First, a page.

LPA is short for “Lasting Power of Attorney”. They were actually intended for use by younger people, but in reality they have really become essential when looking after elderly parents.
The key point to realise is that there is no automatic right for your next of kin to take financial or health decisions on your behalf. Banks and healthcare providers now insist on powers of attorney being in place, but there is a challenge with explaining this to some who were perhaps able to care for their own parents without requiring a legal document to do so. Things have changed and anyone caring (or intending to care) for their parents in later life really must ensure that LPAs are in place.
It can feel like a difficult situation to raise with parents, but provided that this is approached sensitively and pragmatically it need not be upsetting. LPAs can be put in place only to be used a long time in the future, but there to be used as a safety net in case they are needed. Without having legal authority to make decisions for your parents, those decisions would instead be taken by the healthcare services or by the courts.
By sorting an LPA sooner rather than later it allows you to plan in advance what decisions your parent would want you to make. It can also greatly ease the pressure of challenging decisions in the future as the discussions had when putting it in place can provide guidance about what your parent would want you to do to support them. For information on LPAs see our further information here.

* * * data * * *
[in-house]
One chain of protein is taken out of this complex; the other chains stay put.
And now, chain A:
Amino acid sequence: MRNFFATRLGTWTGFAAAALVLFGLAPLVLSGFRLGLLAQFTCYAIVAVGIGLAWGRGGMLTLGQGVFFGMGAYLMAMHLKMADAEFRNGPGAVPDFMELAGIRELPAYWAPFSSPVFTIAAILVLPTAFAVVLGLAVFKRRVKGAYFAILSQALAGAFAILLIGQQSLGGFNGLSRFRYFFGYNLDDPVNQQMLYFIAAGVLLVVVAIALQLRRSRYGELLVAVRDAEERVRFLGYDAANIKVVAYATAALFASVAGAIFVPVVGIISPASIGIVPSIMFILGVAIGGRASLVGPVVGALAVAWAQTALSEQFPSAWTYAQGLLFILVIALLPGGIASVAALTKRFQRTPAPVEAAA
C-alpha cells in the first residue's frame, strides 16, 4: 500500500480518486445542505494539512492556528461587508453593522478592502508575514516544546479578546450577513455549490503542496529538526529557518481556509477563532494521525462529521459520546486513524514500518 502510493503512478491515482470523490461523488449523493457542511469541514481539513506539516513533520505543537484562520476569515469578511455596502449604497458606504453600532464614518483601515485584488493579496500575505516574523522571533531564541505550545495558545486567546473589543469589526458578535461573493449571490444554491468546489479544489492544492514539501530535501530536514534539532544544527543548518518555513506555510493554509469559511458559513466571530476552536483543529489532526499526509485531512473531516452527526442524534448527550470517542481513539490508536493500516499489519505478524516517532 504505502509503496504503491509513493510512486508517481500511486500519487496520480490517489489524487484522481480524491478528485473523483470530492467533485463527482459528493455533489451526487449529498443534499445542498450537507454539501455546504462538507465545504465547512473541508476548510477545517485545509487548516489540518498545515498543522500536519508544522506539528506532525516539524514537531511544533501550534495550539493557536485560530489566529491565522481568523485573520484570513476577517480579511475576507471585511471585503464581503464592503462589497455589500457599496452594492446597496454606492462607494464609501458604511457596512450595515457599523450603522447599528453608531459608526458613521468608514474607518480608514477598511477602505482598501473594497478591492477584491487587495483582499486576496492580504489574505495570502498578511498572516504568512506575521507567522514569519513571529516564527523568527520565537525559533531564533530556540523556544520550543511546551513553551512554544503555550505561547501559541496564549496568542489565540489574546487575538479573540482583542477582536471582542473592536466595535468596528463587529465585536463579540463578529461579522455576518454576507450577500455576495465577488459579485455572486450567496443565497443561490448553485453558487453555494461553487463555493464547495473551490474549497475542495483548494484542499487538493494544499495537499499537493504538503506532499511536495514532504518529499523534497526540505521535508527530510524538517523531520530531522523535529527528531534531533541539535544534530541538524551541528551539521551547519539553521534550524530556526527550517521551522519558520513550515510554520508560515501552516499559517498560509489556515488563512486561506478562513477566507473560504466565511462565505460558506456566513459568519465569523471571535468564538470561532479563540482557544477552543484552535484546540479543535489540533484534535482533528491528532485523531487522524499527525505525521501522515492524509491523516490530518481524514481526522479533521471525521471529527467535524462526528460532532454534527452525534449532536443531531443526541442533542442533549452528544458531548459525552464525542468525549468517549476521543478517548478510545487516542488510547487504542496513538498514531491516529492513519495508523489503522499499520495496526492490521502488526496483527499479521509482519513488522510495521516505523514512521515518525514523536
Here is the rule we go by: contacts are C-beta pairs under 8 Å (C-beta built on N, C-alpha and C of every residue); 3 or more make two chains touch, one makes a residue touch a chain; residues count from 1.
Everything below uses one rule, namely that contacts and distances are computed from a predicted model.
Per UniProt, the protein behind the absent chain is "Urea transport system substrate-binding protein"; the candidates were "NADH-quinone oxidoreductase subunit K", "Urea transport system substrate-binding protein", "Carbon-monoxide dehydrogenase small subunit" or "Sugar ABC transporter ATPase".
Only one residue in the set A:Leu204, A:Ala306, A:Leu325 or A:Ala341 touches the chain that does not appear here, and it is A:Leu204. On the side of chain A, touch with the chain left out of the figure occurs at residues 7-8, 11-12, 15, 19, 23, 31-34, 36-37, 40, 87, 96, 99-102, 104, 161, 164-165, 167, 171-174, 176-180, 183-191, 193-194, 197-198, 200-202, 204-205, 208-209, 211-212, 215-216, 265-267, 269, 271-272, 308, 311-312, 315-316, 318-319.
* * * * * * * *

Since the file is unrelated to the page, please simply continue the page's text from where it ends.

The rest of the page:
Sheltons Solicitors (part of ) Edward Hands & Lewis Solicitors are experienced in supporting families putting LPAs in place, and can help guide you through the process, including if you have any questions about who to appoint. We recognise that, whilst from a legal perspective they are essential documents, there can be a sensitivity about putting them in place. Please contact us if you are looking at LPAs for either yourself or a family member, and we would be happy to assist.Talk to our legal team
The information provided in all of our blogs reflects only a narrative of some elements to consider on the topic. The blogs do not contain considered legal advice and should not be relied upon as advice. Please see our website terms and conditions for full details of our disclaimer. If you are interested in obtaining advice, please contact one of our lawyers who will be happy and able to advise you on your own particular circumstances.